But, according to The New York Times, many of the city’s retirees are already in poverty, which is becoming the new norm for retirees among the 99% across the country. And as the president of one of the affected unions correctly pointed out: “This is on their [bondholders] balance sheets. But this is our lives.”
As inequalities in wealth continue to create an ever-widening chasm between the rich and the rest of us, the concept of “shared sacrifice” is becoming increasingly ludicrous. On the one hand, people are struggling to put food on the table and hold on to their houses after working hard all their lives. On the other hand, bondholders want a handsome return on their investment without doing any work at all.
It is the duty of unions to protect their members. The AFL-CIO should immediately make its highest priority the defense of the retired city workers of Detroit, bringing all its resources to the city in order to mobilize massive numbers of people in the streets so as to galvanize public support around the retired city workers. The unions should insist that taxes be raised on the rich in order to resolve the city’s finances and protect the city’s workers. Such a gesture would bring tremendous prestige to the unions and reignite interest in a labor movement that has been on a downhill trajectory for decades.
In fact, on June 22, the NAACP and United Auto Workers (UAW) are planning a Freedom Walk to commemorate the 50th anniversary of Dr. Martin Luther King, Jr.’s original Freedom Walk in Detroit, where he gave his initial version of the “I Have a Dream” speech. The AFL-CIO should throw all its support into this demonstration and encourage that the focus of the demonstration be the plight of the retired city workers. And by bringing the court of public opinion to bear on the struggle in Detroit, it can possibly influence the outcome.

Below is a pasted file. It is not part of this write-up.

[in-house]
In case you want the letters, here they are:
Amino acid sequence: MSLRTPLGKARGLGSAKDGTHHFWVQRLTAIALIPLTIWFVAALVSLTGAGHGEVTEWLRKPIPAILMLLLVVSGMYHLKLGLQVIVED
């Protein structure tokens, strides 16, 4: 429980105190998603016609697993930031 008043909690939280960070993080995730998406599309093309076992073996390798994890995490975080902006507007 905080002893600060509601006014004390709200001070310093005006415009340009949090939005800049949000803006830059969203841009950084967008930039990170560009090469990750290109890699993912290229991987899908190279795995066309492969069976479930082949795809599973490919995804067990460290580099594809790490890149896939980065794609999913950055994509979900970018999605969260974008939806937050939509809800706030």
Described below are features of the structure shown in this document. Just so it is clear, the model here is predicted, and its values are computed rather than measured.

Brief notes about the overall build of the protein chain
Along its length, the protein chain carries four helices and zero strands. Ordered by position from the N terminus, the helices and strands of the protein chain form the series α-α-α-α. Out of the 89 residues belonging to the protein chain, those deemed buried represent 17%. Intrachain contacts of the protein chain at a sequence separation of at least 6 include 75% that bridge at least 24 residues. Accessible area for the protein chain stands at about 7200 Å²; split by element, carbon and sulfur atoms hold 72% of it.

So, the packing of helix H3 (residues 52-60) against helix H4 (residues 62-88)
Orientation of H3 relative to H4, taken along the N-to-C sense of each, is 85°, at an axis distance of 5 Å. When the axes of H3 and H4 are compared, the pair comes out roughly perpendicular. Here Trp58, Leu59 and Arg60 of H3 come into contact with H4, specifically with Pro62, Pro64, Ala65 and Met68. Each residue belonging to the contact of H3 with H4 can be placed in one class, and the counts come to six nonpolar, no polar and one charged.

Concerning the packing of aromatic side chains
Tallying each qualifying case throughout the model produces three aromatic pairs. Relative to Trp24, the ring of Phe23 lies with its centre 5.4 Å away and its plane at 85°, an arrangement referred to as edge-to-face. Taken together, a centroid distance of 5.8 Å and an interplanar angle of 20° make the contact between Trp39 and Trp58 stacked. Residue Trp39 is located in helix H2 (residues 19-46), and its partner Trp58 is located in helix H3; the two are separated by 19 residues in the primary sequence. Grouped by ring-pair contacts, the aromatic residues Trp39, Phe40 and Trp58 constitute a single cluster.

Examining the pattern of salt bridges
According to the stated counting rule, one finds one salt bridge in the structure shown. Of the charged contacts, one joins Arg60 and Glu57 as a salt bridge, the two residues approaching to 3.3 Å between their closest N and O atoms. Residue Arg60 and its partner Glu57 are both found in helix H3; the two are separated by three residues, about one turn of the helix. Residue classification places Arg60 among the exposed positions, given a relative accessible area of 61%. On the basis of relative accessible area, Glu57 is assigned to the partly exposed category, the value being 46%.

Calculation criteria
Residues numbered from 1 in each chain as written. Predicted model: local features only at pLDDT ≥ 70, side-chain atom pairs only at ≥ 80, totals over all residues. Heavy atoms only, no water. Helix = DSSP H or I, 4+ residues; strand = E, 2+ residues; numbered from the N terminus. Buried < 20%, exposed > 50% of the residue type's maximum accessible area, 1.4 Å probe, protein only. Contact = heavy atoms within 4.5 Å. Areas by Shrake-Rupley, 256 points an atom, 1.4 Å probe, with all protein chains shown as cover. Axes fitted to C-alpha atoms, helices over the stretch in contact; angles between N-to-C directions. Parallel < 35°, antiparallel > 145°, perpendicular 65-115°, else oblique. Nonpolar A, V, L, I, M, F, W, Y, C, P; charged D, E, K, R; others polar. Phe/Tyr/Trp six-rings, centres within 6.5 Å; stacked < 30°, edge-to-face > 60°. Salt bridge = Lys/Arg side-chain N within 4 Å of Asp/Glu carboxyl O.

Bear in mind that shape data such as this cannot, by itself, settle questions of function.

In addition to the June 22 demonstration, the Southern Christian Leadership Conference (SCLC), among others, has called for a march on Washington on August 24 to commemorate Dr. Martin Luther King’s speech. The AFL-CIO has endorsed this event. It should take advantage of the occasion and again mobilize massive numbers of working people in order to demand an end to the austerity measures that have been imposed on working people across the country ¾ not just workers in Detroit ¾ ranging from cuts to social services, cuts to pensions, cuts to jobs, cuts to education, salary cuts, and now threats to cut Social Security and Medicare. And it should demand that the federal government initiate a massive jobs program financed by raising taxes on the rich.
By going all-out to support the workers in Detroit, the AFL-CIO could succeed in protecting these workers and at the same time help itself, because it is also in dire straits and in need of a rescue as workers across the country have been urging and waiting for it to act.
Ann Robertson is a Lecturer at San Francisco State University and a member of the California Faculty Association. Bill Leumer is a member of the International Brotherhood of Teamsters, Local 853 (ret.). Both are writers for Workers Action and may be reached at sanfrancisco@